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Posts Tagged ‘Wonder poetry’

Please use this button on your site for DigiLit Sunday posts

Please use this button on your site for DigiLit Sunday posts

Process or Product? What is our focus in digital literacy? I wrote about this in regards to poetry on Friday. My students had me thinking about process this week. The value of the process.

With inspiration from Laura Purdie Salas, I introduced the idea of a found poem from Wonderopolis to a small group of students. I modeled the process for them: Select a Wonder, copy and paste the text into a Word document, and use the strike-through tool to black out text. The idea was to find a poem within the text.

What I thought would be a one day activity covered almost three days. I was not satisfied with the products. They had done the assignment, but the poems weren’t really poems.

I decided we would work on revision together. I put the draft on the Promethean Board. We tabbed to the Wonderopolis article to have the reference to go back to. At first I was doing all the work, making suggestions for cuts, asking if there were more ideas that should be included. However, by the time we got to the third poem to revise, my students talked like experts.

“This line is too long. Should we make a line break?”

“This is a repeated word. Can we cut it out?”

“I like the way this word sounds. Let’s keep it.”

My students felt a sense of ownership as each of their poems were projected and revised. I continually checked in with them. “Is this OK with you?”

This was work. In fact, one of my students said that very thing. I responded, “Yes, but it’s good work. Aren’t you happy with your poem now?”

Who knew that found poems could be so tough. My dissatisfaction with the product led to a much deeper thinking process. My students not only had to gather information; they had to synthesize and evaluate it.

I wish now that I had saved the first drafts to show you the before and after. All I have to share is the after.

Giraffes

Yikes!

Giraffes have tongues

as long as their necks?

Not quite!

If you liked to eat leaves like giraffes do,

Then you would understand.

Acacia’s tasty leaves have very sharp thorns.

Watch out!

While reaching the highest treat,

the giraffe’s tongue

protects itself from being cut.

If a giraffe’s tongue does get cut,

it will heal very quickly.
–Noah, 4th grade

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Join the Two Writing Teachers blog for Tuesdays Slice of Life Challenge.

Join the Two Writing Teachers blog for Tuesdays Slice of Life Challenge.

baie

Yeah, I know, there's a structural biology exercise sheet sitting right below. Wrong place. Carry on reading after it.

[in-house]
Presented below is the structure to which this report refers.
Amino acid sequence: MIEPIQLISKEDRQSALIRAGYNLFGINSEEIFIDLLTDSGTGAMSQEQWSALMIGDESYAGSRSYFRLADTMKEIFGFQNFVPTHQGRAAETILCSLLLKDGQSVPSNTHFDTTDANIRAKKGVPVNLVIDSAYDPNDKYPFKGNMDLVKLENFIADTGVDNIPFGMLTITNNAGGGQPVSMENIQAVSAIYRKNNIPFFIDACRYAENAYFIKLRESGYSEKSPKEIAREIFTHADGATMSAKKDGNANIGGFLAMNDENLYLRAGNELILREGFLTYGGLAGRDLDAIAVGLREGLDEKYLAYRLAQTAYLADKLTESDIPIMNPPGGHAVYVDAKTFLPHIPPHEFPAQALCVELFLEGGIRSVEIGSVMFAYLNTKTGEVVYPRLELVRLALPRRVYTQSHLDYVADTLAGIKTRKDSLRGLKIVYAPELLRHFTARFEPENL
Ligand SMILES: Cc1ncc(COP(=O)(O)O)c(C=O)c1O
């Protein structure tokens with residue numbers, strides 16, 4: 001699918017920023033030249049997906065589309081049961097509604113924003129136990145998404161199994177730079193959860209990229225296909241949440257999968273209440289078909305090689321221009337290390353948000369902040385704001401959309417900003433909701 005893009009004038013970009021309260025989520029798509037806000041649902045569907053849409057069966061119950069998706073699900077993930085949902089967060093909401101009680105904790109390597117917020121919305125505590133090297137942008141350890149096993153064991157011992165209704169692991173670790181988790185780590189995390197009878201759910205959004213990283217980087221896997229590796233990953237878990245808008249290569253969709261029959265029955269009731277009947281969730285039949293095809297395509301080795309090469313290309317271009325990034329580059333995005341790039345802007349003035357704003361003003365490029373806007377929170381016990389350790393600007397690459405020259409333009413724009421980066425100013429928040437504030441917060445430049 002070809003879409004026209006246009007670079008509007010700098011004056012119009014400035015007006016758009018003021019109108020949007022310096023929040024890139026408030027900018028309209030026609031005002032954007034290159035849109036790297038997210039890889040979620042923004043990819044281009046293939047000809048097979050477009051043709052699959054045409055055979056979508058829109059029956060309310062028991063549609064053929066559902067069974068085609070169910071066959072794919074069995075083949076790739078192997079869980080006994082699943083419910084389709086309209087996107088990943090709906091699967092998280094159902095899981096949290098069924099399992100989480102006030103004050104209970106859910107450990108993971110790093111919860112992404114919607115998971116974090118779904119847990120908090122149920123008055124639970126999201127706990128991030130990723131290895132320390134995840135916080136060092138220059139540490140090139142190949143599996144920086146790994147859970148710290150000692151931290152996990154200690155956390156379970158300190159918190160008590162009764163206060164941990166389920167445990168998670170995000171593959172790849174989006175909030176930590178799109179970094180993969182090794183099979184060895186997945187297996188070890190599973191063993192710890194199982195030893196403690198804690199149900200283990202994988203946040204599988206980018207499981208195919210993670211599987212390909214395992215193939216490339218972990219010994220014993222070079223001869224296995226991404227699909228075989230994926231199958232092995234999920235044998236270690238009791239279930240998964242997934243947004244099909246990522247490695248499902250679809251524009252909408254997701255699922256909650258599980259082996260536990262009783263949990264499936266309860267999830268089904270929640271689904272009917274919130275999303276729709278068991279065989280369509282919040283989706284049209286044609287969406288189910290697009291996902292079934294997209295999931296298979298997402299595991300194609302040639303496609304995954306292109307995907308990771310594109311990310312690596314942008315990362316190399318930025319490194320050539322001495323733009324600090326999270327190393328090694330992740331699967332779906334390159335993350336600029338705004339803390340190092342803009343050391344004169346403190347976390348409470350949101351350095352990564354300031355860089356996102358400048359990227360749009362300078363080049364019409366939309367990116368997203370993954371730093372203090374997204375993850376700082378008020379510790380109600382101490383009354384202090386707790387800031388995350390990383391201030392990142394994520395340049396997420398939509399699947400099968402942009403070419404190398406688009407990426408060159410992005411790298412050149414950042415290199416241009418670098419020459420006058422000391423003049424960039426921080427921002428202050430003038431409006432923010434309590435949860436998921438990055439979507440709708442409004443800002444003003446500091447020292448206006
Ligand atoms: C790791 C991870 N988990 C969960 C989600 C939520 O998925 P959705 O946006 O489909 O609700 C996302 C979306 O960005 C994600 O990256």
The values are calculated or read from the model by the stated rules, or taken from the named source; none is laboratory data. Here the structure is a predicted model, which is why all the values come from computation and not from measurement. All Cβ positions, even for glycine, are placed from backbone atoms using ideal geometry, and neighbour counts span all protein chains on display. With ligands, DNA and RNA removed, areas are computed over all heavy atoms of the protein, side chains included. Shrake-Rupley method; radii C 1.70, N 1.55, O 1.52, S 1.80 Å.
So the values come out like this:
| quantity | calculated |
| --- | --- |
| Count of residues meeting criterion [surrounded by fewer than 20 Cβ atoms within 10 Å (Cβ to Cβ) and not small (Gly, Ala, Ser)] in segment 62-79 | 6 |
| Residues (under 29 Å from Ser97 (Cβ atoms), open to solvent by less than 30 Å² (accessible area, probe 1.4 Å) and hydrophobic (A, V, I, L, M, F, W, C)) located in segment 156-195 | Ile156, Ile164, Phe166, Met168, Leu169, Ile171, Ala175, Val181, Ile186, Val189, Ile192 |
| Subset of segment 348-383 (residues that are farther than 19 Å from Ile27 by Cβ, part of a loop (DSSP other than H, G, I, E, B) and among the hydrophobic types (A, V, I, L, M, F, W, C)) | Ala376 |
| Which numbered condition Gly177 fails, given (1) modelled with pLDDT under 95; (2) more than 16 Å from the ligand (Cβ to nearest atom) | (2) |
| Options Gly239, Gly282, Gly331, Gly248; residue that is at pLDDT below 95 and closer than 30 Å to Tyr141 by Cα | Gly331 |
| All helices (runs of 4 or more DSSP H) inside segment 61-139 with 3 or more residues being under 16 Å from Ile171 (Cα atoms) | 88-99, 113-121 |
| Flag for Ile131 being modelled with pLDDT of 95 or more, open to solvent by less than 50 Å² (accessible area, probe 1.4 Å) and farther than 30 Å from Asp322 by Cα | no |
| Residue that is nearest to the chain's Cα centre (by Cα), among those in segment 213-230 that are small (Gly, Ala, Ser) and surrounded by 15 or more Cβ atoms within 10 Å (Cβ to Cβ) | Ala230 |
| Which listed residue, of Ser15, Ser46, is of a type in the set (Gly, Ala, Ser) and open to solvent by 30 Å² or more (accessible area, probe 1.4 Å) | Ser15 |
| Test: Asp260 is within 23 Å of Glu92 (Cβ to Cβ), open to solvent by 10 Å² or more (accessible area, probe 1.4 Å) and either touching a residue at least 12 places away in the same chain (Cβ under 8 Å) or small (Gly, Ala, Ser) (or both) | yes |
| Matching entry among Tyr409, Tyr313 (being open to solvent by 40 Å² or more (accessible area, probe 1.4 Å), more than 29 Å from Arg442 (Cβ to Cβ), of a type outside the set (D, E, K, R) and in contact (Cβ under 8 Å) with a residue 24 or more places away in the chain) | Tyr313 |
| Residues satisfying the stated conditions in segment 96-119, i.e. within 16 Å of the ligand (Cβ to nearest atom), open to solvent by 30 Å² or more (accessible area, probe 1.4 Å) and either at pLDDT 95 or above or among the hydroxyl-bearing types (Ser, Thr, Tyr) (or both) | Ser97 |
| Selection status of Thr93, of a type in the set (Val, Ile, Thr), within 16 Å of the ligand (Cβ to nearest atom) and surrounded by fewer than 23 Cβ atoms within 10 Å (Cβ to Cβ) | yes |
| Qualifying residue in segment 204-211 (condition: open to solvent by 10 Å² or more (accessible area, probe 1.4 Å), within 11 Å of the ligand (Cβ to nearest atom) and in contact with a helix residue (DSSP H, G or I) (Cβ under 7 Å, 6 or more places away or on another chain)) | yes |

February is not National Poetry Month. That’s in April. But Laura Shovan has a birthday, and she invites us all to play with poetry during her birthday month. I love a good word game, so when Laura Purdie Salas. posted about writing Found Moon Poems with 4th graders, I borrowed this idea to write a poem for Laura Shovan’s project. (Found Object Poem Project with Laura Shovan.)

Wonderopolis is a super-duper place to find nonfiction information. When Linda Baie sent the above picture for Laura’s project, I saw a porcupine. I quickly discovered that this was a pufferfish skeleton, not a porcupine, but too late, I had found a Wonderopolis article. Using copy, paste, and strike-through, I isolated words for a poem. When I started putting the poem together, it sounded like two voices to me. Thus a found poem for two voices.

Porcupine Found Poem for Two VoicesLove animals- Give them a hug.A porcupine- What's the big deal-Sharp quills! The prickliest!Quill pigs Quill pigsLike arrows, quills detach. Tiny needlesto pierce to piercean important lesson from a porcup copy

I haven’t tried this activity with my students yet, but I will. I hope they enjoy collecting words as much as I do.

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Poetry Friday round-up with Tricia at Miss Rumphius Effect.

Poetry Friday round-up with Tricia at Miss Rumphius Effect.

Every once in a while a volume of poetry comes along that blows me away. The National Geographic Book of Nature Poetry is an anthology that will keep my poetry self satisfied for a while. Edited by J. Patrick Lewis, the poems are illustrated by amazing images. This glossy book even smells good.

book of nature poetry

Laura Purdie Salas posted last week about her poem Brinicle which is included in the Book of Nature Poetry. This was a totally new subject for me, so I took the chance that it was new to my students. They were transfixed by the video she posted. Then we read and discussed her poem. Laura gave us lots to talk about. (free verse, imagery, personification, metaphor, and sounds)

The assignment: Turn your Wonder into Poetry Using Animoto. Since I am traveling to NCTE this week, I wasn’t sure how or if my students would write their poems and make a video. I’ve checked in on their kidblog site, and they have been posting some cool poem videos. I’ll share a few here.

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